2015: Looking Ahead

2015So, as I wrote earlier, 2014 was a great year for me.  And the year before.  And the year before.  But that’s because I’m pretty easy to please.  It’s a great problem to have, but it also places me in my own way sometimes.

I’m like a little kid.  It doesn’t take much for me to feel like “this is the most awesome thing ever!!!”  When I’m doing extra work, most of the people around me are complaining about the lack of variety in the catering, or how it’s such a long day.  I just look around and think “but guys, we’re working on a real mooooovie!”  Same for reenactment tv.  And student films.  And shows.  And concerts.  I guess the great news is I haven’t become jaded.  When it comes to focus, though, that’s where I have a problem.

When people get to know me, or at least get me involved in conversation about everything I’m doing, they inevitably ask me what my dream job is.  And I always struggle to come up with an answer.  Again, the good part is that there isn’t only one thing that I’d be happy doing.  The bad part is that with so many options on the table, I never really put enough focus into any one of them.

In a city like New York, if you want to get to the top in any field, you’ve gotta work harder than everyone else around you.  And while a lot of people will tell you that I’m one of the most driven people they know, that drive lacks focus.  What they see is that I’m always on the go, always working, and usually have something fun to post about on Facebook.  But I don’t really have a master plan.  I just submit and apply for everything that interests me, and if I can squeeze it into my schedule, I do it.

I usually only have one day off a month where I’m not running from one thing to the next, and on most days I’m working more than one job.  If you look at the last two weeks before I left for the circus, I worked as an admin assistant for The New York Pops and Actors Equity, I acted in a short film, was the rehearsal accompanist and sang in a concert with Essential Voices USA, recorded a voice for an animated film (which I also composed the theme song for), taught one workshop for Disney and two for A Class Act, directed and accompanied a benefit concert, worked as a church organist and choir director, photographed a press event, and hit up a few auditions.

Insane, right?  That’s literally the two weeks before I left New York.  Was it a blast?  You bet!  Was I sleeping enough?  Not a chance!  Did I get sick because of it?  Of course, silly.  But that’s just what I do!

Now here’s the thing.  I’m finally getting to a point, at the ripe, young age of 35, where I’m starting to realize that I need a plan.  Sure, I’m doing a lot of fun stuff and getting loads of random crap on my resume.  But if I really want to take off, to really excel in one of these areas, I’ve gotta let people know that’s what I do and that I’m damn good at it.  Of course you can do as many things as you want, and I don’t believe that you can only be really good at one thing.  But, it’s a little harder for people to take you seriously if they don’t really know what you do.

Look at it this way, if you were going to hire a wedding photographer, would you hire someone who has a legit wedding photography business with hundreds of weddings in their portfolio, or would you hire a photographer who has shot a couple weddings, some fashion shows, a little bit of travel photographer, who has also catered weddings, worked them as a dj, and baked a couple wedding cakes?  I think the answer is clear, and I think you know I’m the metaphorical photographer/caterer/dj/baker.

The ball’s gonna drop in a few so I’m gonna take a break, but I’ll be back next year with more on my 2015 plans!

Happy New Year!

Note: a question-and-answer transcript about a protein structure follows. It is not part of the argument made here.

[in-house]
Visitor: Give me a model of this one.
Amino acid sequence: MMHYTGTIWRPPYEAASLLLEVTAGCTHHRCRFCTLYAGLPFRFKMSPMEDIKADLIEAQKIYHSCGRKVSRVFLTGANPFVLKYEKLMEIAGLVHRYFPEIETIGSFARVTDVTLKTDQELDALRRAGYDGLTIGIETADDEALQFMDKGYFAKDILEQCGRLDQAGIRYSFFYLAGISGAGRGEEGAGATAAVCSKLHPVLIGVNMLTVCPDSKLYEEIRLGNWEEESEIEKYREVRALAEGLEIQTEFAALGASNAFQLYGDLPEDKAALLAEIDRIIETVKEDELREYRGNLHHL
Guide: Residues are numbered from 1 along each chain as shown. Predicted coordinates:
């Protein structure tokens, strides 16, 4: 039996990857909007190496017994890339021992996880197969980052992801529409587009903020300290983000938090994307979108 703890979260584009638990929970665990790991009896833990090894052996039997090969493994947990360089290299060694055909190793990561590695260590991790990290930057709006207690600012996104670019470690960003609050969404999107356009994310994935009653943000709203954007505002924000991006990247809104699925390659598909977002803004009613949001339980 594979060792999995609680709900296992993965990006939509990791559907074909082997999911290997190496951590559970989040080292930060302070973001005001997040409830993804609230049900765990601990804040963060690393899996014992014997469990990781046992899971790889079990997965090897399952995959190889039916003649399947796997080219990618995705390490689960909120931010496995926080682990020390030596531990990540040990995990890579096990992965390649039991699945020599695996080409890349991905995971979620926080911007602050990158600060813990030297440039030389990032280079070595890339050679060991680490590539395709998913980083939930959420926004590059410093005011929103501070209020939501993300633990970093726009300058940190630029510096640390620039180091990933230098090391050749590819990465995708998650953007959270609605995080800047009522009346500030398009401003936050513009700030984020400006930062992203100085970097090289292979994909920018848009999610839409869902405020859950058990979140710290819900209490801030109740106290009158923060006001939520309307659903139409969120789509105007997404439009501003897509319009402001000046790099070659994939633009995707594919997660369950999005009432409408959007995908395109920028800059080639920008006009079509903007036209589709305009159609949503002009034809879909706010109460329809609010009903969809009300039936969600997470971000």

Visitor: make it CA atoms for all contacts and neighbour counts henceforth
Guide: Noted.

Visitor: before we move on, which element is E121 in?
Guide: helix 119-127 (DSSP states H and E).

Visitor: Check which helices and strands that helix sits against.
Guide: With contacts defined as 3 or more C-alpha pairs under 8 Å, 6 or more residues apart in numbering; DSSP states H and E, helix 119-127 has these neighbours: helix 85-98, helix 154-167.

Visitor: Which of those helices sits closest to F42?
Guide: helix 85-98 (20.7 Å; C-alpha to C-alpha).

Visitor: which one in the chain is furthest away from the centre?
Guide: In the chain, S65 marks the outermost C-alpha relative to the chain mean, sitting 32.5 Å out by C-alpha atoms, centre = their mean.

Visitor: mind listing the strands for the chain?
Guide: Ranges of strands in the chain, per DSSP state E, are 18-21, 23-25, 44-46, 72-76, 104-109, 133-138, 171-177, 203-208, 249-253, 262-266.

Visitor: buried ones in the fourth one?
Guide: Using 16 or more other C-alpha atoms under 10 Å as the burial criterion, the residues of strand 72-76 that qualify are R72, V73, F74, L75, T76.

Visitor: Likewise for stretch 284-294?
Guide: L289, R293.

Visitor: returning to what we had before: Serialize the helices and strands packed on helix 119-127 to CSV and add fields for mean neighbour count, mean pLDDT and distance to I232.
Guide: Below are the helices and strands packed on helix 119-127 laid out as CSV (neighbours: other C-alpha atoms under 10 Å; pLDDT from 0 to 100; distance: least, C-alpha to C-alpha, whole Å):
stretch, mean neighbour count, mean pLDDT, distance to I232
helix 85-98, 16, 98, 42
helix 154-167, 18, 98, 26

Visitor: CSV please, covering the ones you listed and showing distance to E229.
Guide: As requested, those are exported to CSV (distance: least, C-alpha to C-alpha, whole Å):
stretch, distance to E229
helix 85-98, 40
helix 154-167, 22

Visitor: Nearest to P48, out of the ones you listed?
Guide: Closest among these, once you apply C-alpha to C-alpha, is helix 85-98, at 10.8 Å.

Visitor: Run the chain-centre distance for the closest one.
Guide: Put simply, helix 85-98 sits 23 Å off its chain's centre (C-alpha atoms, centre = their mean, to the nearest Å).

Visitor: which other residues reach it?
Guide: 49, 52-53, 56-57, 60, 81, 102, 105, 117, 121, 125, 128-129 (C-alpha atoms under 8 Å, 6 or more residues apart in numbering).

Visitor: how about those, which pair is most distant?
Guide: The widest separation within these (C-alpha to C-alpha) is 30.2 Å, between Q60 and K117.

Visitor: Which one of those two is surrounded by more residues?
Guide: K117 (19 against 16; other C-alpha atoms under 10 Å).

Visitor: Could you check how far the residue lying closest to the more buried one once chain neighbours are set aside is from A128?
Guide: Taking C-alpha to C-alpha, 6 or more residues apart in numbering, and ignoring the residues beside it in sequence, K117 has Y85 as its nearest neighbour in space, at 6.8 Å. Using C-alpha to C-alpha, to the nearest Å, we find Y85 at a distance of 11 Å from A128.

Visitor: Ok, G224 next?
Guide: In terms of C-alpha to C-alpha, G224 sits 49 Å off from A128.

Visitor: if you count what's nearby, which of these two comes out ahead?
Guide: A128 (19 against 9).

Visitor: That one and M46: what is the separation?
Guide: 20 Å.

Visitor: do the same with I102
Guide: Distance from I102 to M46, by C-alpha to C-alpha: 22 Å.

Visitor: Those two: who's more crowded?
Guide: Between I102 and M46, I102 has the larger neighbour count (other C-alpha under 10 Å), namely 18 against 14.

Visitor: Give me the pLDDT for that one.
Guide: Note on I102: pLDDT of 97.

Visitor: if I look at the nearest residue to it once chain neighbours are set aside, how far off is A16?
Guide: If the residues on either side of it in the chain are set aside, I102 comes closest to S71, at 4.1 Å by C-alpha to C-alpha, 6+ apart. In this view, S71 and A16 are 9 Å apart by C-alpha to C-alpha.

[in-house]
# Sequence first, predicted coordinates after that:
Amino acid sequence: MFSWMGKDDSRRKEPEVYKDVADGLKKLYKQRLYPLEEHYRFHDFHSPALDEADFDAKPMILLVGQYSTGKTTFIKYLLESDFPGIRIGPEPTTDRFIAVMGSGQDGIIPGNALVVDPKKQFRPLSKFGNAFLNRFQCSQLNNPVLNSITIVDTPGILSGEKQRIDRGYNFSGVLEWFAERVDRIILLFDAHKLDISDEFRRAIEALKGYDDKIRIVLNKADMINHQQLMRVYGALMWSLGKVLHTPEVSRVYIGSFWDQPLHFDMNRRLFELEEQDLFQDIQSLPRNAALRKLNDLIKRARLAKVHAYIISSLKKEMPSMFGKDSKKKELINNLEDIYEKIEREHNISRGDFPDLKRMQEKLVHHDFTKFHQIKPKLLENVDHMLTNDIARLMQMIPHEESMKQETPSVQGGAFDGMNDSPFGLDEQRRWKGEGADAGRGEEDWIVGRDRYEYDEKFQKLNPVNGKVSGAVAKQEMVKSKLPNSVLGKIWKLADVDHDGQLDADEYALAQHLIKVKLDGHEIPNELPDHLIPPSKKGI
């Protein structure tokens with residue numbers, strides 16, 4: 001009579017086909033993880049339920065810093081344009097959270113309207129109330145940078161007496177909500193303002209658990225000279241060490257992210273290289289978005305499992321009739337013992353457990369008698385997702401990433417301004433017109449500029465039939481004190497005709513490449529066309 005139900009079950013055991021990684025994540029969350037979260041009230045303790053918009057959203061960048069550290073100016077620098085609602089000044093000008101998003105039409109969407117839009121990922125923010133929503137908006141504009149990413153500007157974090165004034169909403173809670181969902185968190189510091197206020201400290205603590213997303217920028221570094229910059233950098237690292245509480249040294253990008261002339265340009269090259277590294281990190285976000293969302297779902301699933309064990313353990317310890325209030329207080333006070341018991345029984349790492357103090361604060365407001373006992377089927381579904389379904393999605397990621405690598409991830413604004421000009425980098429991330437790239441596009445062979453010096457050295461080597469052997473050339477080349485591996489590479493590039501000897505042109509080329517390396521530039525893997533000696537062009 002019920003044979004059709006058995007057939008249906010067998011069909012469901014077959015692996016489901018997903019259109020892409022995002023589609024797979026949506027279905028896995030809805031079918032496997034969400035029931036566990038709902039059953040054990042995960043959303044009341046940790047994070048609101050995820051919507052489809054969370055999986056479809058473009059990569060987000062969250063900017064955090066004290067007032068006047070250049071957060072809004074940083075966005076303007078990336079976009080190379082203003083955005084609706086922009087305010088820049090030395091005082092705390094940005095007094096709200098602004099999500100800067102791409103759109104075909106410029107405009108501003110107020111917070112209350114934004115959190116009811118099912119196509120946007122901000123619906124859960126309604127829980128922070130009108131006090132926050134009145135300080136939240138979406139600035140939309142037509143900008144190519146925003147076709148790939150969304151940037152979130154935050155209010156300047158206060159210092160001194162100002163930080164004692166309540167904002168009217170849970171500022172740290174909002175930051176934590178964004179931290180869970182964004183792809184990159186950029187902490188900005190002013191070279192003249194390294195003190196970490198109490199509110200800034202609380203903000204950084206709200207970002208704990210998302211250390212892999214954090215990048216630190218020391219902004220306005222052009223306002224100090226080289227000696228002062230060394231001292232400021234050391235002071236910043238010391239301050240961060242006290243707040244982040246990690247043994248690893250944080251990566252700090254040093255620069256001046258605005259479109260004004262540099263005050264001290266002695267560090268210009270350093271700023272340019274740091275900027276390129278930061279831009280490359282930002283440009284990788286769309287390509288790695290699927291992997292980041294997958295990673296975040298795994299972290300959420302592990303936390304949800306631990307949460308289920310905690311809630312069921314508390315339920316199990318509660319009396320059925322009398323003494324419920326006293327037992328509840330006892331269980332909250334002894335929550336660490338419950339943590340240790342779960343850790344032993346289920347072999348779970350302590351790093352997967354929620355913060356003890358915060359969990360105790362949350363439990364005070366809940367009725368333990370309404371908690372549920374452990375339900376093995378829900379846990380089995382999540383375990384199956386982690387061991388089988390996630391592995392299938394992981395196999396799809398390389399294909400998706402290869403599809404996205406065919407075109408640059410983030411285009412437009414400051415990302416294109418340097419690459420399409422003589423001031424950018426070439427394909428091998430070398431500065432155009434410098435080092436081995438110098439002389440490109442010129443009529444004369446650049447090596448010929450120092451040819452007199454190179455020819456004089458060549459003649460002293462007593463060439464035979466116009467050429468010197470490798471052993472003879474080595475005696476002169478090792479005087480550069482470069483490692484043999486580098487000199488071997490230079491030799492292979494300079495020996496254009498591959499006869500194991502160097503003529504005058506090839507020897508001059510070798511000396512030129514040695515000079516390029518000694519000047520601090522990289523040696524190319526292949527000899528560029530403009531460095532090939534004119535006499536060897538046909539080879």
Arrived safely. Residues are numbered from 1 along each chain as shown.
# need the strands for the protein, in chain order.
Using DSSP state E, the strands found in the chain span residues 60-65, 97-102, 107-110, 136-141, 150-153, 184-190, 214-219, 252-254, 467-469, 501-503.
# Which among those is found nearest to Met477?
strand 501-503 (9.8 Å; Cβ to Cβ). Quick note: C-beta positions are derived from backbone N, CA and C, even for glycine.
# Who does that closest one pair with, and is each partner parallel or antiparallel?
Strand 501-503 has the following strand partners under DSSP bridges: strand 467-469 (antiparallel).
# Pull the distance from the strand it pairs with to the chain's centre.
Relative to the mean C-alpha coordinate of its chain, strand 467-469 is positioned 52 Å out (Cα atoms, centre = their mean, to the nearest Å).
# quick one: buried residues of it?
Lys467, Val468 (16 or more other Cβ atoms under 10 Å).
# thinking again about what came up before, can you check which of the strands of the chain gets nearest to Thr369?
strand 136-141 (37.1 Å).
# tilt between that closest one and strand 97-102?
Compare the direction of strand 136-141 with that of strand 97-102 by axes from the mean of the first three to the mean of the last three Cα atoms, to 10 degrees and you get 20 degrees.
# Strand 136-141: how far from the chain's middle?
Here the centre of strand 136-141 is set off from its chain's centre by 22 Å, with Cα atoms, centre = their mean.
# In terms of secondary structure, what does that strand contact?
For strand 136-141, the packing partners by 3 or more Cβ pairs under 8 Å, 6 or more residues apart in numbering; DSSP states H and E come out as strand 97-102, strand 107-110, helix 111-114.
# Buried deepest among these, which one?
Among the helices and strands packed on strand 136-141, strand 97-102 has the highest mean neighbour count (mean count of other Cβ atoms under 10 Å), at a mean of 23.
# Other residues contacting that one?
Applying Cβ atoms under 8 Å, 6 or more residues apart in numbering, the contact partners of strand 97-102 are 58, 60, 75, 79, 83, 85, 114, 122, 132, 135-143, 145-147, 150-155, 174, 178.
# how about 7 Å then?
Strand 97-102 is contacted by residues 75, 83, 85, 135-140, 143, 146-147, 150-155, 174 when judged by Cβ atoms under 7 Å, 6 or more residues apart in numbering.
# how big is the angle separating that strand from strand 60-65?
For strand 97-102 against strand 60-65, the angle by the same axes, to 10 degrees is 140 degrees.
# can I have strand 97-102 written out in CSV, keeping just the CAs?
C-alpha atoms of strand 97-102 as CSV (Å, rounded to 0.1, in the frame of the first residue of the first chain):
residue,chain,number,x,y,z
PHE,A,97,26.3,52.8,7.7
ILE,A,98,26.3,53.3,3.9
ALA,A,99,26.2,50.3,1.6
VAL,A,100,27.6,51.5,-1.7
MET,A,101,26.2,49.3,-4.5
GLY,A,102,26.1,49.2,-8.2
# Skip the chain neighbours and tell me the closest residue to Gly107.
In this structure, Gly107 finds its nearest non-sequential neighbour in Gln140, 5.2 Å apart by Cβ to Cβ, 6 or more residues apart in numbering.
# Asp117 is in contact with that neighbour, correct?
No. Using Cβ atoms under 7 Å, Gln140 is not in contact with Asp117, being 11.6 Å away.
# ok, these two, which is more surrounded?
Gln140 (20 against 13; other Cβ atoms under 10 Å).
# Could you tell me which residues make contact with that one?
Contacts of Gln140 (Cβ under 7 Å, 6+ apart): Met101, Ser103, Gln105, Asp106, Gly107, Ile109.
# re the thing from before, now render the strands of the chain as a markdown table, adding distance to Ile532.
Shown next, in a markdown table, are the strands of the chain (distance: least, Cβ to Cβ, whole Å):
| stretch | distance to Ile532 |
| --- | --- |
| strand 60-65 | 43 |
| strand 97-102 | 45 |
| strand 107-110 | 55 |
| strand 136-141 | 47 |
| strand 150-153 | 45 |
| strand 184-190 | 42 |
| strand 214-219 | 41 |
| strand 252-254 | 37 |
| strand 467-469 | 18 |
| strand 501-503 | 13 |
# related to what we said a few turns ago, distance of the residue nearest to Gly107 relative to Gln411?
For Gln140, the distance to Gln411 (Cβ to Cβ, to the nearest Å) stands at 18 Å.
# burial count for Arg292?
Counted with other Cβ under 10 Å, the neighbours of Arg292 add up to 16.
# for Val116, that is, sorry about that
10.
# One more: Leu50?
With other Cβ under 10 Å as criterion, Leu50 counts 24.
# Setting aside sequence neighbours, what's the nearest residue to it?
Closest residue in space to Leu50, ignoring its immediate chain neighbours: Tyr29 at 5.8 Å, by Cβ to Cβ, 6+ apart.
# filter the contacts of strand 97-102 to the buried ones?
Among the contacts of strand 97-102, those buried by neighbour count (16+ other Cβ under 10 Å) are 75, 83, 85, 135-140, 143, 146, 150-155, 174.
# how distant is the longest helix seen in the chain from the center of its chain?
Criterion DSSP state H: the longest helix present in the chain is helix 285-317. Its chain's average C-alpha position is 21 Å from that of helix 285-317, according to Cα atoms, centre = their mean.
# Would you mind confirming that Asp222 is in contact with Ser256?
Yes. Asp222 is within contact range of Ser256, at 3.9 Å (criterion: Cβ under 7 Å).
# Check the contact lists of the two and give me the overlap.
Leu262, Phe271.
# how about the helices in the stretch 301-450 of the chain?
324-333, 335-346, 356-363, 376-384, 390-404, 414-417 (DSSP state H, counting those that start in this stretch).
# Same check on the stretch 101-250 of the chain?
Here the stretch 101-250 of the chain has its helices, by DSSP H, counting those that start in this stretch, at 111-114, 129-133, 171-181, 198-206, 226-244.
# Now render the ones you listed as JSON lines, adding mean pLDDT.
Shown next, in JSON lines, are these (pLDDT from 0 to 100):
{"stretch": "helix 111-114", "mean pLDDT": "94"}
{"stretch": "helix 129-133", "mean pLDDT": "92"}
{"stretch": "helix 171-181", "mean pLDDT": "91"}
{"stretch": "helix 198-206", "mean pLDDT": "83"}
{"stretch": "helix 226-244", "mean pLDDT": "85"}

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2014: The Year In Review

2014-new-yearAs 2014 comes to a close, I can’t help but take a little time to think back on what an awesome year it was.  I always try to be optimistic, so I’ve never looked back on a particular year and said “well, this one really blew.  Let’s hope the next one is better.”  But this year in particular was really exciting.

I had a ton of fun, I got to do a lot of cool things and meet a lot of cool people, and in general, I was just loving what I was doing…most of the time.  (I’m sure if you talked to my roommate, she’d be able to point out a few times where all I did was bitch about what I was doing.)

RIght now, I’m in Ft. Myers, Florida, having a breakfast sandwich and a hot cup of black coffee at Panera Bread, one of my favorite places to just sit and relax.  I was thinking of going through, month by month, with my Google calendar open, but that just seemed obnoxious, so I’ll just shoot from the hip.

To start, I’m a teaching artist!  At this time last year, I didn’t even know what a teaching artist was (or that I had been one without knowing it); I had heard the term thrown around a lot but thought it was someone that had a masters in education who went into schools to do special programs.  Little did I know that a teaching artist could also be someone who dropped their education major after the first day of Classroom Instruments in college (though I don’t advertise that when applying for jobs).  Fast-forward to now and I’m working as a teaching artist for Disney Theatricals, Broadway Classroom, A Class Act NY, and starting in two weeks, The New York Pops, all which happened in 2014.

At the start of the year, I took a little cruise with Jim Brochu, playing piano for his show Character Man, which took us to St. Barths, St. Maarten, Jost Van Dyke, and San Juan.

I got to photograph a ton of celebrities I adore including Sarah Jessica Parker, Bette Midler, Aaron Tveit, Matthew Morrison, and Debra Messing.  And my favorite shot of the year was at The New York Pops gala honoring Scott Whitman and Marc Shaiman, when I was able to get “the three Tracys” in one photo: Ricki Lake, Nikki Blonsky, and Marissa Jaret Winokur.

With Judith Clurman’s Essential Voices USA, I had the privilege of singing with the chorus two more times at Carnegie Hall, once in March and once in Novemeber.  A small group of us also spent an evening with John Bucchino, singing through an arrangement of his piece Grateful that my friend Jeremy created.